I first encountered Nan Goldin’s work in 1990 when I saw an image of hers, David and Butch crying at the Tin Pan Alley, New York City, displayed in a show of fashion photography at the Victoria and Albert Museum. This image of a woman in tears whilst trying to remain composed as Goldin takes her picture made a great impression on me. It stood apart from the other inclusions in the show, and was, I thought, an odd choice, not as it didn’t apparently fit the remit of the show, although I was delighted it had been included despite not having any overt fashion content, as this was my introduction to Goldin’s work. To me the image embodied the narrative power and qualities of the best literature; empathy and mystery. A depth charge went off in my head.

Then later on at the ICA, I saw Goldin’s book “The Ballad of Sexual Dependency” (Aperture, 1986, first published in the UK in 1989 by Secker and Warburg), which I bought. I was deeply impressed by Goldin’s startling talent and not only the brilliance of her images but by her sensitive and insightful introduction, which laid out quite succinctly what compelled her to document her world.

Discussing her sister Barbara’s suicide at the age of 18 (when Goldin was 11), she wrote: “When I was eighteen I started to photograph. I became social and started drinking and wanted to remember the details of what happened. For years, I thought I was obsessed with the record-keeping of my day-to-day life. But recently, I’ve realised my motivation has deeper roots: I don’t really remember my sister. In the process of leaving my family, in recreating myself, I lost the real memory of my sister. I remember my version of her, of the things she said, of the things she meant to me. But I don’t remember the tangible sense of who she was, her presence, what her eyes looked like, what her voice sounded like.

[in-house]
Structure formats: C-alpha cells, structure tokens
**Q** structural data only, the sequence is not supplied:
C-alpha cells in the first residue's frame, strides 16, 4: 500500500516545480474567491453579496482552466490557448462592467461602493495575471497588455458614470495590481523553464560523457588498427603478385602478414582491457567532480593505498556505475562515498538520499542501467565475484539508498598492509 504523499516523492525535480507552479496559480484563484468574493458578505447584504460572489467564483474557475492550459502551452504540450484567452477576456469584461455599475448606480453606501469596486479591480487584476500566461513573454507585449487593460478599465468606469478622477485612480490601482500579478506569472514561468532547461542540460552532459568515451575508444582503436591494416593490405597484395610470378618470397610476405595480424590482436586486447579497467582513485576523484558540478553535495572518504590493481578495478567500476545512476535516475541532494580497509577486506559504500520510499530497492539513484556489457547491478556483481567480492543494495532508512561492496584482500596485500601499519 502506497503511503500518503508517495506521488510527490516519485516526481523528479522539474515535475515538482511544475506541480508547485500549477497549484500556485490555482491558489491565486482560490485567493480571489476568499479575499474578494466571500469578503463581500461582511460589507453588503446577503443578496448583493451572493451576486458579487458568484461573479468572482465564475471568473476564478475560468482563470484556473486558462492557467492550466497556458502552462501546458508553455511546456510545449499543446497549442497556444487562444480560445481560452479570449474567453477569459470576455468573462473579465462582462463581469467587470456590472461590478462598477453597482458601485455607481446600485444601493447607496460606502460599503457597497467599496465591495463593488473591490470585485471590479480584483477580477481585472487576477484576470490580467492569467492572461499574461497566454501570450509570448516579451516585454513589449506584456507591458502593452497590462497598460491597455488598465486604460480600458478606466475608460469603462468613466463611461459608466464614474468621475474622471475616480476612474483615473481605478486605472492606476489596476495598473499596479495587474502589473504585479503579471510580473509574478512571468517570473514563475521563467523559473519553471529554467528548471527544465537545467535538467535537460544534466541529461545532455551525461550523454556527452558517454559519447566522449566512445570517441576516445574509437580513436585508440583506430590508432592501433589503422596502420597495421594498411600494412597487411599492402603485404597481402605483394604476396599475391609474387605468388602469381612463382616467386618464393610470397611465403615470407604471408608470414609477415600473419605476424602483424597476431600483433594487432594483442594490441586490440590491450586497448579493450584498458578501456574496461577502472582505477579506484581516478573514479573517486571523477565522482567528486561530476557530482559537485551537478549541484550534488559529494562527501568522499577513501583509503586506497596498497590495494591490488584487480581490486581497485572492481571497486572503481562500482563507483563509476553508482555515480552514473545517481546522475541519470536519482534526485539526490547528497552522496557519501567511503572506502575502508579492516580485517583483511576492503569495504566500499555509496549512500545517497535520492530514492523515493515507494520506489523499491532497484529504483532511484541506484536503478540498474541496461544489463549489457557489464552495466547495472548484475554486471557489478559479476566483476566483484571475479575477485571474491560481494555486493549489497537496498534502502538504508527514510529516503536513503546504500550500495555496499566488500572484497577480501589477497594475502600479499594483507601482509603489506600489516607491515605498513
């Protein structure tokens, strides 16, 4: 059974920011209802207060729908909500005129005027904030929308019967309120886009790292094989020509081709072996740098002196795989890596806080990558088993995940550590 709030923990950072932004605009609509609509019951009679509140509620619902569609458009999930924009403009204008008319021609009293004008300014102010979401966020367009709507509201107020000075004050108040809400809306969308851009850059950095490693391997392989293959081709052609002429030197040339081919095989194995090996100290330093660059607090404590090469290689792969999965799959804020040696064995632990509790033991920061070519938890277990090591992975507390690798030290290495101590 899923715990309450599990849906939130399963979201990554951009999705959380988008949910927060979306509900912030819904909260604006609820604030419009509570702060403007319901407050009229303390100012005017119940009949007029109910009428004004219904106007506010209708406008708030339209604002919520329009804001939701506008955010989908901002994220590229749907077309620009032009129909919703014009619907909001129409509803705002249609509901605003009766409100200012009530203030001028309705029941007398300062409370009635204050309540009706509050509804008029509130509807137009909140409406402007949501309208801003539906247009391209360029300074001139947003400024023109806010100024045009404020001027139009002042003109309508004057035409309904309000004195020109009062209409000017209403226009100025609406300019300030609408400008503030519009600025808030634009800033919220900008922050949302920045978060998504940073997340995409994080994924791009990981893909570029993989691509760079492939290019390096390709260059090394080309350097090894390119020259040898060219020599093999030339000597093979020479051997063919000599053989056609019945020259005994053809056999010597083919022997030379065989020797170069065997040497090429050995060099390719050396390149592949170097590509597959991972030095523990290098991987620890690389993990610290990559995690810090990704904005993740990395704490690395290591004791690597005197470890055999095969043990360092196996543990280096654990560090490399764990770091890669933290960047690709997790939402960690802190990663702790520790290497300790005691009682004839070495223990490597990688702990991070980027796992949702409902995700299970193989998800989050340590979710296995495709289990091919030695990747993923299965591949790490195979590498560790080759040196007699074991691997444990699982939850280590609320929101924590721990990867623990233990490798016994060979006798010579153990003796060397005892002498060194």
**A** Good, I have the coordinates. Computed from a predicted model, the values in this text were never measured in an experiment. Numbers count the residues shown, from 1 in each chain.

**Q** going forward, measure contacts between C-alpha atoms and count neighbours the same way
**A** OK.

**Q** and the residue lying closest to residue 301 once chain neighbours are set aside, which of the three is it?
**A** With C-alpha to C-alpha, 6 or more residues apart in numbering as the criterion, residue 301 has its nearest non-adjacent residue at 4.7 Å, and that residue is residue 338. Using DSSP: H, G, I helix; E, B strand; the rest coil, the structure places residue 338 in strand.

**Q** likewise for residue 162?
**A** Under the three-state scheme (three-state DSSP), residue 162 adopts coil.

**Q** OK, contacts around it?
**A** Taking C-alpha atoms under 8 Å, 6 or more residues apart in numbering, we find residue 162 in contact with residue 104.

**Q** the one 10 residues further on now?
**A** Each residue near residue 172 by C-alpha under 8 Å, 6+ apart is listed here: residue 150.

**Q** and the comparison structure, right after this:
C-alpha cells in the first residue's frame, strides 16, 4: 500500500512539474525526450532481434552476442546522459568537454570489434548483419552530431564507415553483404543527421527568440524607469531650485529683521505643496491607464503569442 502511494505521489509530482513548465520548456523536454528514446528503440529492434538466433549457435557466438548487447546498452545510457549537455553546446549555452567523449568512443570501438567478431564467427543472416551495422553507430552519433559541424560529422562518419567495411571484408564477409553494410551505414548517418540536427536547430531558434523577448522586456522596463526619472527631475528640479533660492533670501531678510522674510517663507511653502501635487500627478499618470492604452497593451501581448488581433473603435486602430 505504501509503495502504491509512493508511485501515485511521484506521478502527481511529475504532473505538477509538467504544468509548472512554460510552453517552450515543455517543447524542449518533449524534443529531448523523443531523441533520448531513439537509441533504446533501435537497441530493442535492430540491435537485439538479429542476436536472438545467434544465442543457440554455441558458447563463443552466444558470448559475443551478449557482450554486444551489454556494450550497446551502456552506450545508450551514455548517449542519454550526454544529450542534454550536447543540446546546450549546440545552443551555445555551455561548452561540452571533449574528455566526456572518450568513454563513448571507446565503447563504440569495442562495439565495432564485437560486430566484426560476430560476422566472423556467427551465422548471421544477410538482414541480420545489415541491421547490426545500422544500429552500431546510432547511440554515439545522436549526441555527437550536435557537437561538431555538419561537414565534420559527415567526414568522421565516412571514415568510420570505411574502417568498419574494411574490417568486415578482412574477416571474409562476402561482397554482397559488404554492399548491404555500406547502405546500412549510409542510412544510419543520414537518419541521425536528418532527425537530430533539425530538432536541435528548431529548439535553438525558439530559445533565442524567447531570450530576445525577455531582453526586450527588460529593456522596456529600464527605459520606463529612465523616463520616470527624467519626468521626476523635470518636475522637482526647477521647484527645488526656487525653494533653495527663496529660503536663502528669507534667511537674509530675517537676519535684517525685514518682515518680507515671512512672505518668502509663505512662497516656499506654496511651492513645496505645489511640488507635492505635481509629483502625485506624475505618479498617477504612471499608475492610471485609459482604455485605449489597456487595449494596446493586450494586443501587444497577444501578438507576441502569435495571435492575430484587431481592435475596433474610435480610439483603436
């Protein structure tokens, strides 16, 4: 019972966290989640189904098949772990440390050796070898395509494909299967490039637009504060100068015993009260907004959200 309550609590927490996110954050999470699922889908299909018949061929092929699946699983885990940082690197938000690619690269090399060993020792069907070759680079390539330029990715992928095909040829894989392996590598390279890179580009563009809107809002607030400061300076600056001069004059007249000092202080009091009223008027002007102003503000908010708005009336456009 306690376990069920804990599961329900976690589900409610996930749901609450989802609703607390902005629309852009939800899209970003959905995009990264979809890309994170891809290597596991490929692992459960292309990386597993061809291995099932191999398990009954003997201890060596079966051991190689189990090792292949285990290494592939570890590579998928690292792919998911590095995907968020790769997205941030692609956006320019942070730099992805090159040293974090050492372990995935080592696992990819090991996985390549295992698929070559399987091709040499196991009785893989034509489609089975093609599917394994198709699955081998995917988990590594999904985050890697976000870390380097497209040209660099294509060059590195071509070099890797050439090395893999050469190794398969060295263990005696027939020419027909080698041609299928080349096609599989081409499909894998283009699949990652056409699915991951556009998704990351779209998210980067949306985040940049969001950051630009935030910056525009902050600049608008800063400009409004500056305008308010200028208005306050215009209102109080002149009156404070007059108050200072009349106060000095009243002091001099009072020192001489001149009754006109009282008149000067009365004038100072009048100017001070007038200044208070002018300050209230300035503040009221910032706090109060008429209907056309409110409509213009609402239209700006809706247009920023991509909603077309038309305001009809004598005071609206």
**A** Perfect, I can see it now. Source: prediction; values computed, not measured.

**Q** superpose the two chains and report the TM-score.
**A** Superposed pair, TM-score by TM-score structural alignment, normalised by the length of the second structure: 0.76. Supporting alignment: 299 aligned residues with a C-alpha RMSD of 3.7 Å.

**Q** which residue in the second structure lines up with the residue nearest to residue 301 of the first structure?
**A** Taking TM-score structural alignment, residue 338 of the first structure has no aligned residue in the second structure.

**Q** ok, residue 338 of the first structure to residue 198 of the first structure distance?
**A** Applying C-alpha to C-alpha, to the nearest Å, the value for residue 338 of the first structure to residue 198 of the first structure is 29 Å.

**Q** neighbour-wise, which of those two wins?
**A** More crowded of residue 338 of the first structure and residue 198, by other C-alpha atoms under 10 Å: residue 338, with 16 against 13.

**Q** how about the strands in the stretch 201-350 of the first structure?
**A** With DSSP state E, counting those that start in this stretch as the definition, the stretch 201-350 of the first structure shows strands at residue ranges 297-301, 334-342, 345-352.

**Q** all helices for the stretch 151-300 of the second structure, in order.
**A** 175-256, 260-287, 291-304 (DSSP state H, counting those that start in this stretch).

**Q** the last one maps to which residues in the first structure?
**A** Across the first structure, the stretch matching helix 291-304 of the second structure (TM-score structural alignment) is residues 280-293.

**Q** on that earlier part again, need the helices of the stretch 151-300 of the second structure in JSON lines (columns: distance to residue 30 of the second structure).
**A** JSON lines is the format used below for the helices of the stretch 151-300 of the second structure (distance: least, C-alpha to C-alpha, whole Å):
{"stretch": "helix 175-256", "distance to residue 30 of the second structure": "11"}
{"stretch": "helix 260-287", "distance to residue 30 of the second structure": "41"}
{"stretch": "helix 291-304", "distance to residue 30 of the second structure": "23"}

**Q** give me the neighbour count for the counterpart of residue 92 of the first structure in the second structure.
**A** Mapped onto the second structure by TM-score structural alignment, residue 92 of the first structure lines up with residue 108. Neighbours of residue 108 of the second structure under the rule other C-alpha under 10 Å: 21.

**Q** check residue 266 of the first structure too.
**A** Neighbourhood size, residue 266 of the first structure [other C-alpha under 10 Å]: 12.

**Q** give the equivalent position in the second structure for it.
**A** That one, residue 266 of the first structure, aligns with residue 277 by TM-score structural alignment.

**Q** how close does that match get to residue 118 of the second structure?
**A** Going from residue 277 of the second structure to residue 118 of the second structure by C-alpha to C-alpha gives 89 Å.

“I don’t want to be susceptible to anyone else’s version of my history. I don’t ever want to lose the real memory of anyone again.”

However, many of her friends that she documented so intensely were lost to early deaths – often from AIDS-related illnesses. A few years after the Ballad was published, she wrote in her introduction to her monograph about the life and death of her dear friend Cookie Mueller: “I used to think I couldn’t lose anyone if I photographed them enough. In fact it shows me how much I’ve lost.” This cruel fact is not lost on Goldin.

The Ballad was a book I returned to again and again. Fascinated by the shifting relationships between Goldin, her subjects and her camera – the ambivalence, trust, oblivion, poignancy, ecstasy, despair and sadness, love and lust.

Since then I have seen Goldin present her images at a variety of events at the Photographers’ Gallery and the ICA and again been deeply impressed by her unflinchingly honest, brave and beautiful work and how it has evolved as she has: from her drag days in Boston, to Lower East Side party oblivion, from empty bedrooms to her more recent poetic, abstract landscapes and film installations.

Her groundbreaking and brilliant work has been influential. And while various photographers, particularly those working in fashion, have appropriated elements of her style none rival the genius of her uncompromising vision.

As I mentioned above, I conducted the interview for the brilliantly innovative Pure – such a fantastic place to work where I met the most brilliant and talented people, it was like going to Warhol’s Factory everyday – which closed and so wasn’t able to publish the following interview.

The final issue of Pure magazine.